Environmental Policy and Competitiveness: The Porter Hypothesis and the Composition of Capital

A. Xepapadeas, A.J. de Zeeuw

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Abstract

The Porter hypothesis suggests a double dividend in the sense that environmental policy improves both environment and competitiveness. The suggestion received strong criticism from economists mainly driven by the idea that if opportunities for higher competitiveness exist firms do not have to be triggered by an extra cost. Therefore, the trade-off for the government between environmental and other targets remains. In this paper a model is developed which confirms the last point but which also draws the attention to some general mechanisms that relax the trade-off considerably. Downsizing and especially modernization of firms subject to environmental policy will increase average productivity and will have positive effects on the marginal decrease of profits and environmental damage. Concluding, a double dividend can generally not be expected but the trade-off is not so grim as is often suggested.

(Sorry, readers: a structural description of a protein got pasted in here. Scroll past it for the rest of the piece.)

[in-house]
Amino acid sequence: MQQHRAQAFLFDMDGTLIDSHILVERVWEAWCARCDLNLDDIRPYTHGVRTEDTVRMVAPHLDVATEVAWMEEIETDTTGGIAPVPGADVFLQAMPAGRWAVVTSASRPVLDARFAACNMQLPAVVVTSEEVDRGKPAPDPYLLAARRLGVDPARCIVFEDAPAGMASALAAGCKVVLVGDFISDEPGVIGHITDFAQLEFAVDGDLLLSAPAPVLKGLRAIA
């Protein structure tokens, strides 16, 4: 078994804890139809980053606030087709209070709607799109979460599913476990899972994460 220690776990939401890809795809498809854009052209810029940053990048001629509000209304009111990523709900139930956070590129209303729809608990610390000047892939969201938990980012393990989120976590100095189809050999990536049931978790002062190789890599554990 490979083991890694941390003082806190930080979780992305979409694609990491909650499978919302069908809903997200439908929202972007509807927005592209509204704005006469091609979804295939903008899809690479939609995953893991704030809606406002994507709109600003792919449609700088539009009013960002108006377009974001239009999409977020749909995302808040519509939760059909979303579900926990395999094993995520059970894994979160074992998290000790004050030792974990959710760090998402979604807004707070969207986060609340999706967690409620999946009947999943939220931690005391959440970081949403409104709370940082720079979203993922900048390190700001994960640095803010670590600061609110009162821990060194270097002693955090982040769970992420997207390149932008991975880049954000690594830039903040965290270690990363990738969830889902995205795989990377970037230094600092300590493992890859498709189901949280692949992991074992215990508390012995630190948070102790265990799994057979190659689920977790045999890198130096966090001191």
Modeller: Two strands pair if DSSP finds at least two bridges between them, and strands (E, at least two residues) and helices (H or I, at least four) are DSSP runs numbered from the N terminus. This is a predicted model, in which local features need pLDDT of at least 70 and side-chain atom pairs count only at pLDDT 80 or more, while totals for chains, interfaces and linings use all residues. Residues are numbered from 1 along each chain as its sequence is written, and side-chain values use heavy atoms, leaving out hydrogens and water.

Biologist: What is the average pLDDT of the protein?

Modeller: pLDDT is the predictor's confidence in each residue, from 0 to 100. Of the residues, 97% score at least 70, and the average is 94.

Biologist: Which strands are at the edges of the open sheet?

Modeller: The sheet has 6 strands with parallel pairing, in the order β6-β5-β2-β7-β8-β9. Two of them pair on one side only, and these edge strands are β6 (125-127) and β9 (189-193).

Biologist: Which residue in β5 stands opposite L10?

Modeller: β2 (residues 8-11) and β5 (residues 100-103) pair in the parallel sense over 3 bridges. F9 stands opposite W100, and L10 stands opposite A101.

Original languageEnglish
Place of PublicationTilburg
PublisherMicroeconomics
Number of pages24
Volume1998-38
Publication statusPublished - 1998

Publication series

NameCentER Discussion Paper
Volume1998-38

Keywords

  • environmental policy
  • competitiveness
  • Porter hypothesis
  • capital

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